He says to Isaac: “Behold, she is your wife; how then could you say, ‘She is my sister’?” (Gen. 26:9). When Isaac gives the standard excuse of being afraid because she’s so beautiful and the Philistines are such beasts that he couldn’t trust them not to kill him for her, Abimelech continues: “What is this you have done to us? One of the people might easily have lain with your wife, and you would have brought guilt upon us” (Gen. 26:10).

This is why Abimelech is my favourite character – he tells it like it is. It’s too bad he’s suffering from amnesia. Then again, he’s probably rather old at this point.

In any case, he tells his people that anyone who touches Isaac or Rebekah will be put to death. Once again, he proves that he’s an upstanding guy and that Abraham and Isaac’s fears were completely misplaced and irrational.

Isaac gets rich

Abimelech spies on Isaac by Raphael, 1518-1519

Abimelech spies on Isaac by Raphael, 1518-1519

Continuing on with the accounting sub-theme of this book, we’re told that Isaac sowed the land and became very rich (even though he was the sole inheritor of his father, who was also very rich). Like his daddy, he has tons of possessions. In fact, he has so many possessions that the Philistines envy him and, I guess because of their envy, filled up all the wells Abraham had dug.

Abimelech tells Isaac to leave, “for you are much mightier than we” (Gen. 26:16).

I think it’s important to keep in mind, at this point, that Isaac is the stand-in for the Israelites and that this is a book written by Israelites. It makes me think of that weird kid in every High School who keeps writing in his journal that the reason no one likes him is that he’s just so awesome and cool that they’re all jealous.

So yeah, after both Abraham and Isaac lie to Abimelech, the former causing Abimelech’s household to be cursed and the latter nearly so, I’m totally sure that the reason Abimelech tells Isaac to scram is because he’s just so mighty.

Isaac starts re-digging all the wells his dad dug, but the locals keep telling him that they own that water and send him packing. He finally finds an uncontested well, but moves on anyway. At some point, God comes to him and reminds him, again, that he’s blessed and will have many descendants, so Isaac builds an altar.

Another covenant with Abimelech

Mirroring Chapter 21, Isaac gets a visit from Abimelech and his commander, Phicol. This time, he’s also brought Ahuzzath, his adviser. They ask Isaac to form a covenant not to harm them (and, just like when he formed a covenant with Abraham, he reminds Isaac that he hasn’t harmed him).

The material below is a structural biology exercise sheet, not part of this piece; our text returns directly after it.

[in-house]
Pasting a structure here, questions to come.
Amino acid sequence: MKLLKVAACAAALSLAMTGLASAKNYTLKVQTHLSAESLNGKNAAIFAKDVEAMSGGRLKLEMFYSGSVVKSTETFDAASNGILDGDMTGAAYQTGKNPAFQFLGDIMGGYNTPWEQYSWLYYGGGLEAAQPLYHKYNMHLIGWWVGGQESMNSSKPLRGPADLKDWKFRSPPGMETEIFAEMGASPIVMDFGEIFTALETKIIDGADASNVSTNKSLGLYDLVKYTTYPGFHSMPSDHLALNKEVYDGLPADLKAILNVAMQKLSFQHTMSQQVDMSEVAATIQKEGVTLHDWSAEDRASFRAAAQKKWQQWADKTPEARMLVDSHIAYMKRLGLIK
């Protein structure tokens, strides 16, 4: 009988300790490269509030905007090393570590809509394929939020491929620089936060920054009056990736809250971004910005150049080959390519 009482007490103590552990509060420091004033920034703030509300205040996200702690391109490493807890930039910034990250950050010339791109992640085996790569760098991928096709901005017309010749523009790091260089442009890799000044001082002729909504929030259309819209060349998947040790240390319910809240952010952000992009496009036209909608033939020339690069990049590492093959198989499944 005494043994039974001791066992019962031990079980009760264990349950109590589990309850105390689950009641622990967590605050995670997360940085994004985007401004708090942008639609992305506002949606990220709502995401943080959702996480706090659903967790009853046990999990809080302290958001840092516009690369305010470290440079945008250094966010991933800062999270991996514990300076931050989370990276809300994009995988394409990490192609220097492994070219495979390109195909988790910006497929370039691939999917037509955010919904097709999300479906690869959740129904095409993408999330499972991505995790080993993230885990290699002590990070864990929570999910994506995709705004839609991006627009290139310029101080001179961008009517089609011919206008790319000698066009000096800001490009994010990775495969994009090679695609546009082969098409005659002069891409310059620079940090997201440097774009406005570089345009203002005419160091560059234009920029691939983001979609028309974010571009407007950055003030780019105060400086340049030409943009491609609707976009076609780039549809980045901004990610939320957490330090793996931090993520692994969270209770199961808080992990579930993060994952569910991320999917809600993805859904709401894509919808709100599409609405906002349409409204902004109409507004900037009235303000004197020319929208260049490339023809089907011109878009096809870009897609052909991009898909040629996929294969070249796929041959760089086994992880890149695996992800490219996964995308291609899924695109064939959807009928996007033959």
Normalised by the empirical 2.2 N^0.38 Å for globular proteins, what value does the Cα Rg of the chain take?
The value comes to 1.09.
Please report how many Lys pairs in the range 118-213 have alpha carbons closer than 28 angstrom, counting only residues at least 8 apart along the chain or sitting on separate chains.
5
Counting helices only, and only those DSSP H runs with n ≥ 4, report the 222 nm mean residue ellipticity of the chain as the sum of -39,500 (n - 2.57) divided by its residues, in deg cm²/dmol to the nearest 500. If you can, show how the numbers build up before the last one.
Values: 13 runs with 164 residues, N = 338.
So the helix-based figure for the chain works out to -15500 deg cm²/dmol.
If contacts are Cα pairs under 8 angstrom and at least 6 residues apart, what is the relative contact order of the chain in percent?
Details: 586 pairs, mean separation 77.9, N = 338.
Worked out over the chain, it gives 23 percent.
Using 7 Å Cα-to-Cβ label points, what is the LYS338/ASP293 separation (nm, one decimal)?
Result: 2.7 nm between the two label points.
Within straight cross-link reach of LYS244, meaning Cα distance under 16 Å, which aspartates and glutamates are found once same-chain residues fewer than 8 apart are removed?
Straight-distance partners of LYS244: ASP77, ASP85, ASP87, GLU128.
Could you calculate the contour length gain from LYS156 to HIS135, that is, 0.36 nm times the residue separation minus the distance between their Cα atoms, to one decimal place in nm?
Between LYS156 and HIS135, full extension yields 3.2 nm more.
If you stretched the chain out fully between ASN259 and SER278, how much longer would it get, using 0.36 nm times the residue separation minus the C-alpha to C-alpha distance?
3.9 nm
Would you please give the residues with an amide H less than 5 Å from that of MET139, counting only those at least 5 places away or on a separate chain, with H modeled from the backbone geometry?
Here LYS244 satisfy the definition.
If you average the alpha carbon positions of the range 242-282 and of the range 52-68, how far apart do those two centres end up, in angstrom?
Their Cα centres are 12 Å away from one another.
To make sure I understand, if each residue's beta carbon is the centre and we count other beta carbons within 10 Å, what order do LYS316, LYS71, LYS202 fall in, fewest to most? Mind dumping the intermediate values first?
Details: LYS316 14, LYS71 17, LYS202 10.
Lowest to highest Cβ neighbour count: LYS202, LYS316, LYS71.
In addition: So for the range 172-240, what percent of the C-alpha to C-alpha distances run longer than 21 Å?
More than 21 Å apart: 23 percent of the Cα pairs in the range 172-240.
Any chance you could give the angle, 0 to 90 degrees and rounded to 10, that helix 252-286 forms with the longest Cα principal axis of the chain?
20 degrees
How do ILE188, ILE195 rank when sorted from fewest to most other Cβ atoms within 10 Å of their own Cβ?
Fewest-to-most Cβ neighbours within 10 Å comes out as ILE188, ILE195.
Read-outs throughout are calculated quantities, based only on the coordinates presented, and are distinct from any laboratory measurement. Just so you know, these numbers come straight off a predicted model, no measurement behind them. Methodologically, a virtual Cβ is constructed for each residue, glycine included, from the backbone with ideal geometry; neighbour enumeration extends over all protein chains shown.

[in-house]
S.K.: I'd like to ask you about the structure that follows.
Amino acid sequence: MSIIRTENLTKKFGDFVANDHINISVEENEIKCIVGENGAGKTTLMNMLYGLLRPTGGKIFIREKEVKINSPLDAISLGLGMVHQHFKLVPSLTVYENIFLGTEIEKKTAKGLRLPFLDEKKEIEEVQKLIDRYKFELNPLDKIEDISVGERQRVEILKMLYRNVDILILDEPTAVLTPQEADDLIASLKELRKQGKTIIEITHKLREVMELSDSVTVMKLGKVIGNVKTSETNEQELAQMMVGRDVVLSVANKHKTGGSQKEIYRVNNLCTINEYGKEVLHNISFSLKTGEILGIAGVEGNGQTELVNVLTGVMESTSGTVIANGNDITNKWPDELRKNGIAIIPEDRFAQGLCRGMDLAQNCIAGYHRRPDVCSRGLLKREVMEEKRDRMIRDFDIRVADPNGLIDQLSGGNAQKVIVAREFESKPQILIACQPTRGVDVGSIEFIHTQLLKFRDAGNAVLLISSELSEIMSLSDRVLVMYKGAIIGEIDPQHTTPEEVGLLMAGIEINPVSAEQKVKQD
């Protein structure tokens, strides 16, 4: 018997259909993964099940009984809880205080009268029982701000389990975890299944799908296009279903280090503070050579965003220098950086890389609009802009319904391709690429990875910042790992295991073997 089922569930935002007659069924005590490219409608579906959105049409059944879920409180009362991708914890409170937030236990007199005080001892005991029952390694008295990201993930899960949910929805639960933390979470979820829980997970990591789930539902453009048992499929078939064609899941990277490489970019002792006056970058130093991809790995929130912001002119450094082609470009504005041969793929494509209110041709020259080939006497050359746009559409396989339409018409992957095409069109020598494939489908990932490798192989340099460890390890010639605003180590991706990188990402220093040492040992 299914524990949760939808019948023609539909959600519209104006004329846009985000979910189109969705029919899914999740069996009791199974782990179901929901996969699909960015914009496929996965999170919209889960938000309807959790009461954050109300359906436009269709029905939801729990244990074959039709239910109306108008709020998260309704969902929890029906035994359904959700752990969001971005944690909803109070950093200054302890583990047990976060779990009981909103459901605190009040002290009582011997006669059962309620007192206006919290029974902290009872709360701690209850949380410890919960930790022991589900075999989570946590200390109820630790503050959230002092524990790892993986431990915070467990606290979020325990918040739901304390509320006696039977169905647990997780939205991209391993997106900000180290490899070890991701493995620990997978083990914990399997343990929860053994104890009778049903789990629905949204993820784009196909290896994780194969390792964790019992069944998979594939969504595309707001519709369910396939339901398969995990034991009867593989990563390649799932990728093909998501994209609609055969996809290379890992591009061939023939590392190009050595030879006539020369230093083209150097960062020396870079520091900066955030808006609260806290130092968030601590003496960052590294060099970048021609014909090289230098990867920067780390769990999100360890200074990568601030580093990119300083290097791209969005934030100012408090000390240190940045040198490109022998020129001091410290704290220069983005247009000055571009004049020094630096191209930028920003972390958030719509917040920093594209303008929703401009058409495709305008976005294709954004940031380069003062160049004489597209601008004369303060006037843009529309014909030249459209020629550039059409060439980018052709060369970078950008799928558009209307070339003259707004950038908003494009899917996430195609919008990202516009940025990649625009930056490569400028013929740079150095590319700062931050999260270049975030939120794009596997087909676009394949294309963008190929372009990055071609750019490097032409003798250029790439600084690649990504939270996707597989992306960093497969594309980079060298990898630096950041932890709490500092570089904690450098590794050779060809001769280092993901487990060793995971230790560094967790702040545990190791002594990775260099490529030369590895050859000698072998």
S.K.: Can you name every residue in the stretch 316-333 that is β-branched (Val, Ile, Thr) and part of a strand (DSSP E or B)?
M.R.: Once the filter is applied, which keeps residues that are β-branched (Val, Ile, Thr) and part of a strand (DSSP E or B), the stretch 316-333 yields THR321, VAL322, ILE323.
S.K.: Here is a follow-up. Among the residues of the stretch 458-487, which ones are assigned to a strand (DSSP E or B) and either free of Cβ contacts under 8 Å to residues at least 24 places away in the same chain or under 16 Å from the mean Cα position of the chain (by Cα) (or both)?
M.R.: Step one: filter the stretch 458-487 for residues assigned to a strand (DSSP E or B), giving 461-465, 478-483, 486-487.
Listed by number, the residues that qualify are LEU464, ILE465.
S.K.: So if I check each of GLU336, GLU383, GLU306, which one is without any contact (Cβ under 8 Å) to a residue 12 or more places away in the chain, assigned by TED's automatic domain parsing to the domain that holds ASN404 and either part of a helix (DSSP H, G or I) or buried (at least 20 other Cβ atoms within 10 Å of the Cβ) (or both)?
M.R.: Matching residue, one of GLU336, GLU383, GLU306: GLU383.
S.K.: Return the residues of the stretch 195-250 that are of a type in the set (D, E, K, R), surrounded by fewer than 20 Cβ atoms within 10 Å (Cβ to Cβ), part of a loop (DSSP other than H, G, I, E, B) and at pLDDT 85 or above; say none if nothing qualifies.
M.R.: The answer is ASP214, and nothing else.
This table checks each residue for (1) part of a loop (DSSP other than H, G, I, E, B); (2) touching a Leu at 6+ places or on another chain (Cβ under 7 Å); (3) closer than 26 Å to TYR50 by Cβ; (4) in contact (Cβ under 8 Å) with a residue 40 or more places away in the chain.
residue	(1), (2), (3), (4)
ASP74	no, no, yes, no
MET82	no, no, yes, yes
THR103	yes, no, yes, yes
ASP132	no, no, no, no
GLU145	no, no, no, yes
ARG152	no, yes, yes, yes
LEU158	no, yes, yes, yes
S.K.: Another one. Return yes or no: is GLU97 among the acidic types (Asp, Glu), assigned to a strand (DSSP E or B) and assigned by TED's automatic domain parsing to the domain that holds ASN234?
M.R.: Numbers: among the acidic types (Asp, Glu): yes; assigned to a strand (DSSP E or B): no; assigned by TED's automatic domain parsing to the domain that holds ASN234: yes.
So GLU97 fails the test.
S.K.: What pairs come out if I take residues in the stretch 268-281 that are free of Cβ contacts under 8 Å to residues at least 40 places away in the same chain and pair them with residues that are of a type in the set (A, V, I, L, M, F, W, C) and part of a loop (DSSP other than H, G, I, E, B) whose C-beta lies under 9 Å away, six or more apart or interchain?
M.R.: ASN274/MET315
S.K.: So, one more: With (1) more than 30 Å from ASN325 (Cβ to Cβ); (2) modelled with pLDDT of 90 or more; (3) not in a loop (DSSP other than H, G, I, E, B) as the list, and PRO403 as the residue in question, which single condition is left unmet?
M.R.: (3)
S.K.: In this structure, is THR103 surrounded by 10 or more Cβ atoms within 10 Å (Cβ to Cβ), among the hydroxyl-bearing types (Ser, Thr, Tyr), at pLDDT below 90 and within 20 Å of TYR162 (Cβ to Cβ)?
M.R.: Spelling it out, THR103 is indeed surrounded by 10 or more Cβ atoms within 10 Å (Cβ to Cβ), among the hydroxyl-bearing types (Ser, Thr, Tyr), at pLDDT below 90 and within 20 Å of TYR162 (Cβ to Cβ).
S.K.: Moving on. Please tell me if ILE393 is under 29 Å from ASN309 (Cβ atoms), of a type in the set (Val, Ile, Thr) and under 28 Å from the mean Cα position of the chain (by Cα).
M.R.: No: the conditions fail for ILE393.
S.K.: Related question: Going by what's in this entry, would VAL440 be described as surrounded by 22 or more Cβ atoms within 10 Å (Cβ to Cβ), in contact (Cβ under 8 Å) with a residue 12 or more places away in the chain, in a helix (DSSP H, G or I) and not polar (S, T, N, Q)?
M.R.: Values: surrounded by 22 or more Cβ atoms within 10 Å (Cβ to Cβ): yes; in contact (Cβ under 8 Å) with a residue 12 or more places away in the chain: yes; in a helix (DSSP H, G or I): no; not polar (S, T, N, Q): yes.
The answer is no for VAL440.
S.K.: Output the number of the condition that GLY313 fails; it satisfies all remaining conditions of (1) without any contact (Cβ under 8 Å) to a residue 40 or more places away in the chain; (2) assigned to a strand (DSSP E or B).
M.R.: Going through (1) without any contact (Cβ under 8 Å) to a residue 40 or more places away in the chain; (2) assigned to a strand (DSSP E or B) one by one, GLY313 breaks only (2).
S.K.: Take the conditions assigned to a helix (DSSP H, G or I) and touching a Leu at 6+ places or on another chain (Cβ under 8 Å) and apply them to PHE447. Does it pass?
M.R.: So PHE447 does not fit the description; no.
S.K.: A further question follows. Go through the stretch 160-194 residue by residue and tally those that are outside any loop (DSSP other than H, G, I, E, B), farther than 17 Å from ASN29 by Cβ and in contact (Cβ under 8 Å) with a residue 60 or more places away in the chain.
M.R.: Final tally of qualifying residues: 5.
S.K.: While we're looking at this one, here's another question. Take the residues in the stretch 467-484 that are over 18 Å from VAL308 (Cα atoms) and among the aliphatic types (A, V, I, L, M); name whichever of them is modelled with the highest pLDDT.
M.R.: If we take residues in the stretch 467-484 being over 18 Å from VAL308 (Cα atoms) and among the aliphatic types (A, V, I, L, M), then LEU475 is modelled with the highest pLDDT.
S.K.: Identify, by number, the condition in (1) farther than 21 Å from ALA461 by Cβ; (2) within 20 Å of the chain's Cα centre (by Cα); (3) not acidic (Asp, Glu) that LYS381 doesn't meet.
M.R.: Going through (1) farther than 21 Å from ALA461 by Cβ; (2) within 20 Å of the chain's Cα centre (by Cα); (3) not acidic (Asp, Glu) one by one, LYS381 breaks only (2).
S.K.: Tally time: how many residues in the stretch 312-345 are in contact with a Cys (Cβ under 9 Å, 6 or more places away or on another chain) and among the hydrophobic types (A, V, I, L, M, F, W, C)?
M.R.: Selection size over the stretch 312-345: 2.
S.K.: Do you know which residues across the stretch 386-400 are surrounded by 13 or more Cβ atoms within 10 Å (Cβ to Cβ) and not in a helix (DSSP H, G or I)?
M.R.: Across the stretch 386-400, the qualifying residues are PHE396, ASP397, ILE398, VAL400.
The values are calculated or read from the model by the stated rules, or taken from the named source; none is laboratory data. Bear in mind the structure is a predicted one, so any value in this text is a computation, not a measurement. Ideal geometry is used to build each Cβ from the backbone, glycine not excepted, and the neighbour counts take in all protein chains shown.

They swear the oath to each other and, that same day, Isaac finishes digging a well. Since the well was finished on the same day as the pact was made, he calls it Beersheba (even though it was already named Beersheba under the same circumstances by Abraham).

Esau’s genealogy

At 40 years old, Esau marries Judith, the daughter of Beeri the Hittite. He also marries Bashemath, the daughter of Elon the Hittite.

Bit of a weird ending to this chapter. We’re told that this (Esau’s marriages) make life “bitter” for Isaac and Rebekah (Gen. 26:35). We aren’t told why, but I hope we find out!

Genesis 25: Jacob takes his brother by the heel

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The first bit of this chapter is just another genealogy. Sorry.

Abraham takes another wife, named Keturah, and has a bunch of kids with her.

  • Keturah’s kids: Zimran, Jokshan, Medan, Midian, Ishbak, and Shuah.
  • Jokshan’s kids: Sheba and Dedan.
  • Dedan’s sons: Asshurim, Letushim, and Leummim.
  • Midian’s sons: Ephah, Epher, Hanoch, Abidah, and Eldaah.

Abraham gives all his possessions to Isaac (remember, it’s very important that we keep track of those possessions! Reading the Old Testament makes me feel like an accountant…). But don’t worry, he isn’t completely abandoning all those other kids he’s fathered! He’s making it up to them by giving them gifts! Yay!

By the way, it says “but to the sons of his concubines Abraham gave gifts” (Gen. 25:6). Concubines? Plural? Does Keturah count? If not, it would seem that her kids get nothing. So I’ll assume that she’s just being counted as a concubine. But that’s still only one. Does Hagar count?

Anyways, so he gives these sons some gifts, which is good. But then he “sent them away from his son Isaac, eastward to the east country” (Gen. 25:6). Abraham has a habit of abandoning his kids. I’m just hoping that his “gifts” were a little more than some bread and a skin of water this time…

Abraham lives 175 years before kicking the metaphorical bucket (poor bucket – gets kicked by absolutely everyone!). His sons, Isaac and Ishmael bury him in the cave of Machpelah, which Abraham purchased in Chapter 23, so that he can be next to Sarah. Aaaw.

It’s a bit sad that Ishmael would come back to bury his father after the way he’d been treated. There’s also no mention of an awkward reunion with Isaac, which you’d think would be inevitable considering… One also has to wonder where Abraham’s other kids are. Ishmael came back, why didn’t they?

Anyhoos, Isaac lives by a well called Lahairoi. And that’s enough of that. Now we get to hear about Ishmael’s genealogy!

  • Ishmael’s sons (by birth order): Nebajoth, Kedar, Adbeel, Mibsam, Mishma, Dumah, Massa, Hadar, Tema, Jetur, Naphish, and Kedemah.

These guys each father their own tribe, so that the Ishmaelites (who are the proto-Arabs, by the way) get twelve tribes just like the Israelites will be getting later on.